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  A traditional means of data collection within geography, based on the assumption that reality is present in appearance (see empiricism) and can therefore be directly apprehended through observation (see realism). Its \'traditional\' status (which refers to its historic centrality within the discipline) is not unproblematic. Founded uncritically on the Enlightenment presupposition that seeing is believing, the idea of fieldwork betrays a bias towards the evidence of the eye (see vision and visuality). An implicit emphasis on exploration and discovery, and on the taming of raw materials into ordered knowledge, has, moreover, earned it the label \'geographical masculinities in action\' (Rose, 1993; cf. masculinism; phallocentrism). Some feminist responses appear in a theme issue of The Professional Geographer (1994, vol. 46).

In quantitative human geography (see quantitative methods), fieldwork is largely about the implementation of sample questionnaire surveys of people\'s attributes, attitudes, actions, aspirations and motivations (cf. survey analysis). Such surveys may be conducted in person or by post, and depend for success on a relatively high response rate from a random sample of households (see sampling). This quantitative approach regards social data as analogous to the raw material of much of natural science: something which is discrete and stable and exists independently of the analyst, and which therefore yields findings which could be replicated and verified by others. Such fieldwork is part of the practical project of empirical-analytical science, and is generally used to establish cause and effect relationships in order to predict and control the future.

There is, however, an alternative view of fieldwork, associated with the advent of humanistic geography and with the discovery of meaning. This philosophy requires an approach more akin to the case study methods of anthropology than to the statistical generalizations of positivistic social science (cf. logical positivism; positivism). Within this tradition, fieldwork is preoccupied with the project of understanding and communication rather than with the goal of prediction and intervention. Some researchers aim to achieve this depth of understanding by empathizing with their subjects and acquiring knowledge through immersion (for example Crang, 1994), while others prefer to conceptualize fieldwork as a dialogue driven forward precisely because shared understanding cannot be reached (see Folch-Serra, 1990). Either way, these encounter-based approaches to fieldwork are now raising important questions about the politics of representation (Kobayashi, 1994) and the aims of engagement (Katz, 1994).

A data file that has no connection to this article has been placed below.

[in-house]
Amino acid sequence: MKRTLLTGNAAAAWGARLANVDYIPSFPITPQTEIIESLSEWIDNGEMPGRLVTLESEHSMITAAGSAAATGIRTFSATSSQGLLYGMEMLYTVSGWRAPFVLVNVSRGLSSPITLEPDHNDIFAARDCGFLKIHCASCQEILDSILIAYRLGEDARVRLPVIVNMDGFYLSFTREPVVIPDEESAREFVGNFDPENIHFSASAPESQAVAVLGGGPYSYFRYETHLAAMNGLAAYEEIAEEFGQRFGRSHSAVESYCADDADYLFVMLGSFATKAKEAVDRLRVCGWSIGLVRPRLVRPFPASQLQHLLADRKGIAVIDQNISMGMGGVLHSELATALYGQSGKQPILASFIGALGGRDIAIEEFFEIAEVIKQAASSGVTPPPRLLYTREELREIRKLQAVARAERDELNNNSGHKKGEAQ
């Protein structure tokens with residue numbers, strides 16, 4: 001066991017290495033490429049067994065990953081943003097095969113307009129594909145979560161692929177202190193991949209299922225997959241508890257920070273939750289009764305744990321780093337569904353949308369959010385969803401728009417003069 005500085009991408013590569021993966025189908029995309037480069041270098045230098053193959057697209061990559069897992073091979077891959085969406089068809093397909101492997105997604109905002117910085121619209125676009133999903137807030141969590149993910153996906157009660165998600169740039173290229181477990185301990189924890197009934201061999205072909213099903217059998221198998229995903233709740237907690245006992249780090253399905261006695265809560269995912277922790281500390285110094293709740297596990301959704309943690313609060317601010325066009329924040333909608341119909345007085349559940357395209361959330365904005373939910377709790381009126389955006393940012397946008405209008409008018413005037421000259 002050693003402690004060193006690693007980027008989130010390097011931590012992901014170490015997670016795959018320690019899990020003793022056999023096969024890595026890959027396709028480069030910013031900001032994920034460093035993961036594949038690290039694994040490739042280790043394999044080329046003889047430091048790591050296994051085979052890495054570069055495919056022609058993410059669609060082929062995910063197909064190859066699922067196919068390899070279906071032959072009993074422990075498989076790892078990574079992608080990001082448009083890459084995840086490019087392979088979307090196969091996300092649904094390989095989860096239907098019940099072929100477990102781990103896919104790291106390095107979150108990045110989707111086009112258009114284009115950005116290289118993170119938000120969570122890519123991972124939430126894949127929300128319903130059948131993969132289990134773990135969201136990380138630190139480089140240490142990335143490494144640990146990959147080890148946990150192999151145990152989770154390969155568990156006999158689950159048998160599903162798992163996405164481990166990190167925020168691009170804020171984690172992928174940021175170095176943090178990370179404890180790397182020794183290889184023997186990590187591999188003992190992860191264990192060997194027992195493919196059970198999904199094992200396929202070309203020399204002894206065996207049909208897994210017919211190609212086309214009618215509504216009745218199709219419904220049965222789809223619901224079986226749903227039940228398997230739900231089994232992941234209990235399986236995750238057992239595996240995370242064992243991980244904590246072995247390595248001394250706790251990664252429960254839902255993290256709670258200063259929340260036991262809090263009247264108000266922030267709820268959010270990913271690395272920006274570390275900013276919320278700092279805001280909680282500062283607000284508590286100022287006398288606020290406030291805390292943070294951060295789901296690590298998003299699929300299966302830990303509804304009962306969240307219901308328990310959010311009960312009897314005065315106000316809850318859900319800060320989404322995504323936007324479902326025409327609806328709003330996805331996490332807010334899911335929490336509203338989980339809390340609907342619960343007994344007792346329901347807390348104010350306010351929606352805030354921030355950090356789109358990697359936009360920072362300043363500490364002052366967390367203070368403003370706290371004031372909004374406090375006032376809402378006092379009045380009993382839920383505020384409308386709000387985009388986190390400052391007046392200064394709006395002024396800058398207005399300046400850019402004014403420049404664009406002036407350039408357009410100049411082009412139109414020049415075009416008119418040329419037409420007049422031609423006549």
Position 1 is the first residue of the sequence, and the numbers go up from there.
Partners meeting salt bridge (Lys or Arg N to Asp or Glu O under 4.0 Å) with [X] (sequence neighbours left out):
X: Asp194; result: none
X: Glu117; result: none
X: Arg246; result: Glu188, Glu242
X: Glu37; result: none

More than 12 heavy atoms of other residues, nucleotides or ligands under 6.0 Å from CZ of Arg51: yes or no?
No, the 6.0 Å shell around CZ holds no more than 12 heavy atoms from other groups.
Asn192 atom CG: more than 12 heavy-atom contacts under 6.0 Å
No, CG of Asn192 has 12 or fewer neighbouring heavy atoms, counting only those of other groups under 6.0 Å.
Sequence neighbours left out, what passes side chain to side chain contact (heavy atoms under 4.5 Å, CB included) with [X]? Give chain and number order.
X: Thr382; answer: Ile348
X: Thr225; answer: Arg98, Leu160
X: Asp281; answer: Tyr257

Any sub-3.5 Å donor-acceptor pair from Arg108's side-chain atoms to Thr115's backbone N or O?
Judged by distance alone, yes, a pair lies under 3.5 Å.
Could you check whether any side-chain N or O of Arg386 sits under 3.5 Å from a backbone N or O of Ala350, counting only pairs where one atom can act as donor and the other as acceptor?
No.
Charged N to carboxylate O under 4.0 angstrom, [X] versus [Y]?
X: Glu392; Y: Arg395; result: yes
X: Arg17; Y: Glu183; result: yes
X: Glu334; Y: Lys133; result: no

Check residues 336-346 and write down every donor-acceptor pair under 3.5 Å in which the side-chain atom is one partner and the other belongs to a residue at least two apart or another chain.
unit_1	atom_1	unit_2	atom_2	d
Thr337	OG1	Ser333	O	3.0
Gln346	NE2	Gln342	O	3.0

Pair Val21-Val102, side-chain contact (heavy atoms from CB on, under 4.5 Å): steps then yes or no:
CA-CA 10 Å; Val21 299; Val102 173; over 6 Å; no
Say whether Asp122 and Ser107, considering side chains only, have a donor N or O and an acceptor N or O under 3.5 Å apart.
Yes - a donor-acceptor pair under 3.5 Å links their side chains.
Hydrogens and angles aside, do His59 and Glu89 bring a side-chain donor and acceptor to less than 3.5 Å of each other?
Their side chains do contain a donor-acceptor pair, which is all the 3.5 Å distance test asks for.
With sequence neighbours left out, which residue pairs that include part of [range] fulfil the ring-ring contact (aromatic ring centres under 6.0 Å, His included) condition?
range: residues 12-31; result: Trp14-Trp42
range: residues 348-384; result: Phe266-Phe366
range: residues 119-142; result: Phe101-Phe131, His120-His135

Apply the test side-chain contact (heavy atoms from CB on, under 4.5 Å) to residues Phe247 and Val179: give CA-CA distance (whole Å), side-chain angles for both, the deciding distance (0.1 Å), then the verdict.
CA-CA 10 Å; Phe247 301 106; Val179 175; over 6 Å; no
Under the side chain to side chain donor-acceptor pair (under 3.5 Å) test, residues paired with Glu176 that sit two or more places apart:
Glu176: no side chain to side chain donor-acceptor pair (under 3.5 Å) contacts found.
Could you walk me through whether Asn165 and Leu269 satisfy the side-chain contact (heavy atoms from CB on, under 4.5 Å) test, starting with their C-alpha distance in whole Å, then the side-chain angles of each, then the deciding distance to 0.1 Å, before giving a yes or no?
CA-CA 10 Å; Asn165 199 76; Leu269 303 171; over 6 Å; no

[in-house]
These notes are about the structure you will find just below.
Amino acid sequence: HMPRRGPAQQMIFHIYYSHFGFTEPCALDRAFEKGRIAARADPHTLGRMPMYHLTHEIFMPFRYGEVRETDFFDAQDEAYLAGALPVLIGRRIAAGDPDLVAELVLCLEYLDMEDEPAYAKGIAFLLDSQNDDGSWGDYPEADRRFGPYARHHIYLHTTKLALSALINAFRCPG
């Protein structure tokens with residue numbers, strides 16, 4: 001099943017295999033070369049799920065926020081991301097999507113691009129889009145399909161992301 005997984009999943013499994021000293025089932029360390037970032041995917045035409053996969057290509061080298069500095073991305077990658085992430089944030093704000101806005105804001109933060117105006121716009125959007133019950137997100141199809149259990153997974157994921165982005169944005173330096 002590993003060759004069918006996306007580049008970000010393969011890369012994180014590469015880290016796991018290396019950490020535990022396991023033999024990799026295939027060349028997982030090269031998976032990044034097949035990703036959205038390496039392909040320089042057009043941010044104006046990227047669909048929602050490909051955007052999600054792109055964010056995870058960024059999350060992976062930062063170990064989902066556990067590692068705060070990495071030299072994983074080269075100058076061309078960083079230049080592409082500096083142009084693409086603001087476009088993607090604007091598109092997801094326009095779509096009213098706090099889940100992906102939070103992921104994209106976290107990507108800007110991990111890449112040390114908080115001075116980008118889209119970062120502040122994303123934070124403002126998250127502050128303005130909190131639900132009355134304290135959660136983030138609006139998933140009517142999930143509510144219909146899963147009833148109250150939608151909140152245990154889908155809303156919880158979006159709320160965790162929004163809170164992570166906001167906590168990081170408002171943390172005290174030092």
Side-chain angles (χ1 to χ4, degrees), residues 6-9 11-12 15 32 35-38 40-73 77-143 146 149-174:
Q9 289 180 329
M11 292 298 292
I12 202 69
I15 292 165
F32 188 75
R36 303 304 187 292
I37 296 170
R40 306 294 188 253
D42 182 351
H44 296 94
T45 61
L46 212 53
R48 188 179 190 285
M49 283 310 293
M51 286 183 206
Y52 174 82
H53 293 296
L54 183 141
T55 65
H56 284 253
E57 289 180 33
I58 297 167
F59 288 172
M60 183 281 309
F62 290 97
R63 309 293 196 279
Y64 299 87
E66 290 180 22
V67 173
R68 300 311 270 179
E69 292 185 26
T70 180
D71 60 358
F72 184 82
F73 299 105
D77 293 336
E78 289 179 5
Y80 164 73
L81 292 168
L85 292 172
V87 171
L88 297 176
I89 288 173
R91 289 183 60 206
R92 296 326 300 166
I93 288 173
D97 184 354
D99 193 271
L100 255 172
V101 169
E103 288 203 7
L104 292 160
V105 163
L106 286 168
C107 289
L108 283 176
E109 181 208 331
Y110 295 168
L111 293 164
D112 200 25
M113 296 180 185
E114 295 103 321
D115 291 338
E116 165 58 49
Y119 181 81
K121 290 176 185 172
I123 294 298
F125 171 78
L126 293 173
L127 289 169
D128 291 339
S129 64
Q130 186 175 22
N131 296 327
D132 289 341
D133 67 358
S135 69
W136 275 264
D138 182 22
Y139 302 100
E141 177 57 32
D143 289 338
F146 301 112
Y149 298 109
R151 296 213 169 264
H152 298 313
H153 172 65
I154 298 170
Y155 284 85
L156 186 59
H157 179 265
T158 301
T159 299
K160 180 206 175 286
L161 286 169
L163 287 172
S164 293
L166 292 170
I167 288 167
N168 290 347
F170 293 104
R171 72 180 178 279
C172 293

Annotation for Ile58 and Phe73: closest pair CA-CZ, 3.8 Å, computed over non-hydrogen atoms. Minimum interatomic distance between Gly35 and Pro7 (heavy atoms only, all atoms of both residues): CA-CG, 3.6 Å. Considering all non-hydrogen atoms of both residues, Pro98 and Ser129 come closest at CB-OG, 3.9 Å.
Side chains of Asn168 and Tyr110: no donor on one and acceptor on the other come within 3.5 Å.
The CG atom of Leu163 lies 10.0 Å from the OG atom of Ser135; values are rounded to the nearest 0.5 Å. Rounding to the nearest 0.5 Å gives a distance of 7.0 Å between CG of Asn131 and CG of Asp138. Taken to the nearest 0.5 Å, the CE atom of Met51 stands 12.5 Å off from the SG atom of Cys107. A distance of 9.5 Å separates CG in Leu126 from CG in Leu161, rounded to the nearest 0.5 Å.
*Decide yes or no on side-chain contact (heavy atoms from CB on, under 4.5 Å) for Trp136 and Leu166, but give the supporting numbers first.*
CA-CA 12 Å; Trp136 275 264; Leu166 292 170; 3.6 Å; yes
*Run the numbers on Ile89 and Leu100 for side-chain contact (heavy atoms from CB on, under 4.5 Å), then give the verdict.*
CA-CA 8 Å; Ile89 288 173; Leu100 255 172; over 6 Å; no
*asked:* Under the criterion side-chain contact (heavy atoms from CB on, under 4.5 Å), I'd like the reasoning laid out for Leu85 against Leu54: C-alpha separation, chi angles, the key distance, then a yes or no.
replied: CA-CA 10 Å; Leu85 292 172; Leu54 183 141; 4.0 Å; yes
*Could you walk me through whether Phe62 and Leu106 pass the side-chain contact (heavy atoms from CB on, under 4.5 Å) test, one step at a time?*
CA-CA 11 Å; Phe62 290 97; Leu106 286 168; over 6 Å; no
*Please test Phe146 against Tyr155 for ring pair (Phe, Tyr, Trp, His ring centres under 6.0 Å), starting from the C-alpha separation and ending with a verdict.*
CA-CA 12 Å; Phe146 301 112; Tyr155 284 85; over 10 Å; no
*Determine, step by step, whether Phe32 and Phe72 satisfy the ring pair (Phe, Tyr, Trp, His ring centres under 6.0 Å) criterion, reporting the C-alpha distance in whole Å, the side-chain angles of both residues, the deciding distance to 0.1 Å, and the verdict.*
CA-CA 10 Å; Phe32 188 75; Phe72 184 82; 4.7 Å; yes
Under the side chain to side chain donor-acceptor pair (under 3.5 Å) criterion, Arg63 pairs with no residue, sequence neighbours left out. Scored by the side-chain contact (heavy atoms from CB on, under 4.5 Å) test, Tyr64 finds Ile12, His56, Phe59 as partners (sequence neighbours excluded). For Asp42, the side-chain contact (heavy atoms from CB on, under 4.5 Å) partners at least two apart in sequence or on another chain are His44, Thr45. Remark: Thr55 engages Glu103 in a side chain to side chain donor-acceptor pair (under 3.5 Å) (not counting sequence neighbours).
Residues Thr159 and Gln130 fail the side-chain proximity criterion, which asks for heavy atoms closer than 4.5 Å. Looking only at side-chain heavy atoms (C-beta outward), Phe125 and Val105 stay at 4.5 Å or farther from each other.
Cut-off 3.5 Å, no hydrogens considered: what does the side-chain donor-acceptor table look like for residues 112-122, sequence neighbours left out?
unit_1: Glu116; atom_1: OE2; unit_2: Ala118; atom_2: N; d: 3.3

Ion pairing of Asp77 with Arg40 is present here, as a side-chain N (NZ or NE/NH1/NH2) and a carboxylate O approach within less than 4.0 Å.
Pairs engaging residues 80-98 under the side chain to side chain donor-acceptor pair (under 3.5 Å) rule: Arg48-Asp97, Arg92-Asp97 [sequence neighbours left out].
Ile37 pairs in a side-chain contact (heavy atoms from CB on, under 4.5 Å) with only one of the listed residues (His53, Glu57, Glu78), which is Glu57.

However achieved, the generalizations arising from qualitative fieldwork are not of a statistical nature, and the validity of the approach does not hinge on the randomness or typicality of the cases selected for study. Such research often takes the form of participant observation, written up in the form of ethnographic description (see ethnography), although it may also include in-depth individual or group interviewing. These qualitative methods all locate social scientists within, rather than apart from, the social world, and acknowledge that \'reality\' is constructed — not uncovered — through the search process. (SJS)

References Crang, P. 1994: It\'s showtime: on the workplace geographies of display in a restaurant in southeast England. Environment and Planning D: Society and Space 12: 675-704. Folch-Serra, M. 1990: Place, voice, space: Mikhail Bakhtin\'s dialogical landscape. Environment and Planning D: Society and Space 8: 255-74. Katz, C. 1994: Playing the field: questions of fieldwork in geography. The Professional Geographer 46: 67-72. Kobayashi, A. 1994: Coloring the field: gender, \'race\' and the politics of fieldwork. The Professional Geographer 46: 73-80. Rose, G. 1993: Feminism and geography. Cambridge: Polity Press.



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Other Terms : heterotopia | place utility | turf politics
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